Samer Al Najjar. With your new novel you deal with very current questions surrounding the Syrian crisis. What perspectives does the protagonist, Adam, pursue in your story?
My novel is about a young man who was born in Damascus. He grows up in his uncle's home, where he experiences constant emotional abuse and bullying. After telling about the protagonist's childhood, I show how he changes with the outbreak of the Syrian revolution in 2011. He is committed to democracy and civil liberties and takes part in peaceful protests.
The dream of a free Syria drives young Adam. How do you define this dream for yourself?
I dream every day of a free, democratic Syria, loved by its own people as they love themselves. A tyrannical, unjust Syria can never be my home. On the contrary, I actually hate the current situation very much.
They immigrated to Germany from Syria in 2014. How do you keep your childhood and youth in Syria in your memory?
I experienced a typical childhood in Syria. We were terrorized at school. There was a constant attempt to turn the children into soldiers. We thought it was fine since we didn't know anything else.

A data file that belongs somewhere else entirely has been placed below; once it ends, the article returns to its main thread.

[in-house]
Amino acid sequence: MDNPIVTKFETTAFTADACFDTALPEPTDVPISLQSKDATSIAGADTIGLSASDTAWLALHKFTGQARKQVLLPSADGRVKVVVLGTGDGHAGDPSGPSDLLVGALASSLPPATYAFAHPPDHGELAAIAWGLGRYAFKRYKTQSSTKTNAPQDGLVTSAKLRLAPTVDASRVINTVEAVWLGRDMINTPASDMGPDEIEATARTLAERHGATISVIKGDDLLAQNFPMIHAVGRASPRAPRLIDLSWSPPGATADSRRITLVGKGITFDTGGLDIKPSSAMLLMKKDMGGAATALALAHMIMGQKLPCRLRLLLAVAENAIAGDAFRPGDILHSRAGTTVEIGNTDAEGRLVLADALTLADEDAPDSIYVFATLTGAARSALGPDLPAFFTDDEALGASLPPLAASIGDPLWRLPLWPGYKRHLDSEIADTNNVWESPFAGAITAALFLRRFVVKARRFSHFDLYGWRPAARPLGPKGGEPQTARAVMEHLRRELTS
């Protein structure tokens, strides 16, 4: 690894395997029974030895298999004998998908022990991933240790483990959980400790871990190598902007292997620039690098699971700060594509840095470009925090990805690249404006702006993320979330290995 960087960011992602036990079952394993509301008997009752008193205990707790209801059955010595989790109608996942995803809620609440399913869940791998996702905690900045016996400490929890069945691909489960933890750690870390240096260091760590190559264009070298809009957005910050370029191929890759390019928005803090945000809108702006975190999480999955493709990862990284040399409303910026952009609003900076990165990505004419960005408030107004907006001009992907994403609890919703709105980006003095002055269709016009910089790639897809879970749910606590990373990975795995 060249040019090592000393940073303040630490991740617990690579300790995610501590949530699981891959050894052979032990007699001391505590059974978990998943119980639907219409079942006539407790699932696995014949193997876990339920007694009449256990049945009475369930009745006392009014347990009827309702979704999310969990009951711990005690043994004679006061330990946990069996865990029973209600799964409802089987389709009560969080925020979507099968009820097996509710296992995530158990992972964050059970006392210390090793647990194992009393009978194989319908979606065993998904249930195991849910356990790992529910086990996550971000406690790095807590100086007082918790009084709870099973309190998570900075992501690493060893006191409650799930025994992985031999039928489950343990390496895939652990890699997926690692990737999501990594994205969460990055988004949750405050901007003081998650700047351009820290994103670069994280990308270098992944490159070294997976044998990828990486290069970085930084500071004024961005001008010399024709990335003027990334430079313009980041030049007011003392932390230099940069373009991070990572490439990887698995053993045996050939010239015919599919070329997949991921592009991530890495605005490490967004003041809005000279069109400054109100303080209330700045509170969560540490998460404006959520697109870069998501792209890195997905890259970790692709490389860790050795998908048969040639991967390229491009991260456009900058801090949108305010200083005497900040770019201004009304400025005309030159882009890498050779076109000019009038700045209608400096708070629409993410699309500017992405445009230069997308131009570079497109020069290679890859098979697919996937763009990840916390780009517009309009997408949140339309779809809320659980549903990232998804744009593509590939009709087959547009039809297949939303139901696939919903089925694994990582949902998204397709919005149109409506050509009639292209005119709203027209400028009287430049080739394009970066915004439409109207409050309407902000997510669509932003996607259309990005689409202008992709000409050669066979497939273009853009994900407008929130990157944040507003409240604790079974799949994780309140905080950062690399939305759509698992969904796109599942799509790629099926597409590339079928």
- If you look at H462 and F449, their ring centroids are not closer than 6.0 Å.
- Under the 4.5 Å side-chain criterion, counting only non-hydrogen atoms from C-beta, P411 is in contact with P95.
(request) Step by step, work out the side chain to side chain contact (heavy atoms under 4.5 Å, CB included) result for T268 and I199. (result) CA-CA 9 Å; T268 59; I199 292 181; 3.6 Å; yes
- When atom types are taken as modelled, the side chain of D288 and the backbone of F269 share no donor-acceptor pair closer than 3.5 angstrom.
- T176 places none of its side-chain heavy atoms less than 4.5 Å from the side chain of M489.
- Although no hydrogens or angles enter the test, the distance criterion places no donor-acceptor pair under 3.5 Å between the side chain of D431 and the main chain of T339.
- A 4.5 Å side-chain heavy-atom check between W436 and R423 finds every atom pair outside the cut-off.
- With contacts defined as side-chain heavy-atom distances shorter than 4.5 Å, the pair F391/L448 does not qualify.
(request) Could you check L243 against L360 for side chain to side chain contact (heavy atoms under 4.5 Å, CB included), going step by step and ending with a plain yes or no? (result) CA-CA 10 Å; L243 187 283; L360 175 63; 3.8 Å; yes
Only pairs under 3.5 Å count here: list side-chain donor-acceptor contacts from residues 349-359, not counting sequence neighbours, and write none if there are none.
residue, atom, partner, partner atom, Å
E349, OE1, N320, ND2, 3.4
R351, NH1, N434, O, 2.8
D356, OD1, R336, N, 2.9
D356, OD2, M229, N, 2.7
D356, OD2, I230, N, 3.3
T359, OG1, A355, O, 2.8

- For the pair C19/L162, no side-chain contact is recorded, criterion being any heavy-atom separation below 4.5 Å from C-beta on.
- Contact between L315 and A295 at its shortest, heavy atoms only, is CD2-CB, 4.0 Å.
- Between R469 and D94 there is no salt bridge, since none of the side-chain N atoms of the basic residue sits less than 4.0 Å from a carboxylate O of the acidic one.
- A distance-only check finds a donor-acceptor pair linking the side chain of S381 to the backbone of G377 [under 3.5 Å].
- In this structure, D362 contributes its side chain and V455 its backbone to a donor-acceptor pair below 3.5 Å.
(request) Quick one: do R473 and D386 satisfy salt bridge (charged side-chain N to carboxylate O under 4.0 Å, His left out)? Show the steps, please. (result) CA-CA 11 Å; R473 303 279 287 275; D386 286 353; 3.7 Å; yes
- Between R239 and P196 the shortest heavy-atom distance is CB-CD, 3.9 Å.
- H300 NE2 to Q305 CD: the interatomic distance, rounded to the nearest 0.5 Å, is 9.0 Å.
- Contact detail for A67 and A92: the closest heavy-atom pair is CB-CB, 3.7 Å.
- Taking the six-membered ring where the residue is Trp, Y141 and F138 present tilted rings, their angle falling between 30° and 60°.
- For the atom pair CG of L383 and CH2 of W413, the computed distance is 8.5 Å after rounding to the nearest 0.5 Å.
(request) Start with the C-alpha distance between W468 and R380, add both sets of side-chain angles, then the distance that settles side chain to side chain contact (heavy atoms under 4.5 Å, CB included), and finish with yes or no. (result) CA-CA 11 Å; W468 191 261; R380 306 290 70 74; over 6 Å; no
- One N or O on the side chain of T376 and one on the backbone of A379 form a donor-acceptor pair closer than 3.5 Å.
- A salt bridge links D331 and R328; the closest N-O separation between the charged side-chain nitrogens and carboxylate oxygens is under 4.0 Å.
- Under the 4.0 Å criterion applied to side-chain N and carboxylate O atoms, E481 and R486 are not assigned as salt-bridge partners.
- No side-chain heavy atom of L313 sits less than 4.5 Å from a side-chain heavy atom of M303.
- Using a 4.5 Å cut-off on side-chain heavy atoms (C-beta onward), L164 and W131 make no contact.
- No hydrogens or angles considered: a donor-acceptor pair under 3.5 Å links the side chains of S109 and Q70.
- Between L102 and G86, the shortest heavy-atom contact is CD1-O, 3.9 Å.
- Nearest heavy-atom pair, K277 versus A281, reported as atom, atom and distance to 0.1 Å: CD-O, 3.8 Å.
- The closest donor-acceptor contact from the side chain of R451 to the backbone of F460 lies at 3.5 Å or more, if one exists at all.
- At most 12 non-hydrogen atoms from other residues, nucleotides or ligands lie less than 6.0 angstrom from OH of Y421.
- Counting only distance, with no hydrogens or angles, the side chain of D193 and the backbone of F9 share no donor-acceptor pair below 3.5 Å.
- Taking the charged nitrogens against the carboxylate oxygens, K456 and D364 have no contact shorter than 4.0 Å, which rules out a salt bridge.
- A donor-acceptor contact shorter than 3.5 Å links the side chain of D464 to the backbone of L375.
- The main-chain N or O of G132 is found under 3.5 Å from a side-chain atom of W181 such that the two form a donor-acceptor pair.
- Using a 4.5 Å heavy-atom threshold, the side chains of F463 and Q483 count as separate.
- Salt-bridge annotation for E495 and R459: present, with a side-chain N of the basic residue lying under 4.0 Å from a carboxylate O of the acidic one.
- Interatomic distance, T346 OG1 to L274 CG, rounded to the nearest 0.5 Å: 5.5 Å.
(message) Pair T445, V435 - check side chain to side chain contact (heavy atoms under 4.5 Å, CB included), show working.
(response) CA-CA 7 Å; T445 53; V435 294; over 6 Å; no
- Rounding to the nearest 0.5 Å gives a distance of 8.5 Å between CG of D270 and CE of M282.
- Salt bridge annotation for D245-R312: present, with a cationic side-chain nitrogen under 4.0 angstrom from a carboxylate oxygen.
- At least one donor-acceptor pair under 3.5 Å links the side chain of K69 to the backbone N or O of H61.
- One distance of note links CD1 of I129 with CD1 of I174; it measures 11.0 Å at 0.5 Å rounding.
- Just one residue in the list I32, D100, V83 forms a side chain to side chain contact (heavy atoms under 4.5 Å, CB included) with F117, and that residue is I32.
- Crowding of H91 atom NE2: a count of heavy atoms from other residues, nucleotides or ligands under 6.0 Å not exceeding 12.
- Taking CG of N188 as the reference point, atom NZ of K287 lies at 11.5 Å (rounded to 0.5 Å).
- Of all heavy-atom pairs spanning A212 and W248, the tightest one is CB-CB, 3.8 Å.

In your novel you also address post-traumatic stress as a result of war experiences.
Yes, exactly. My novel focuses on the development of the protagonist, on how the experiences of loss and violence in his childhood affect the young adult, how the violence of a dictatorship, the dangers of war and flight affect his mental health, which he intuitively tries to preserve tried. My goal is to shed light on this dark side of war survivors and refugees, which is often pushed into the background. Post-traumatic stress disorder is a widespread phenomenon among them, which I have observed several times myself. However, it is very rarely discussed, and the refugees themselves also avoid discussing their PTSD symptoms.
What reaction do you hope to elicit from the reader of the novel?
Criticism and reflection. I wanted to address the harshest facts of humanity in my text. My intention was to write a book that would create more discussion and more conversation among people.
Adam reaches Vienna, where the dream of a free Syria suddenly becomes tangible again. How does this turnaround come about?
Adam is unable to break away from this dream because his life before the revolution was meaningless. He cannot see any meaning for his own life without his dream. Can love do it? That is the question.
The interview was conducted by Christian Leeck. Machine translated from German.
Wuppertal, February 2023.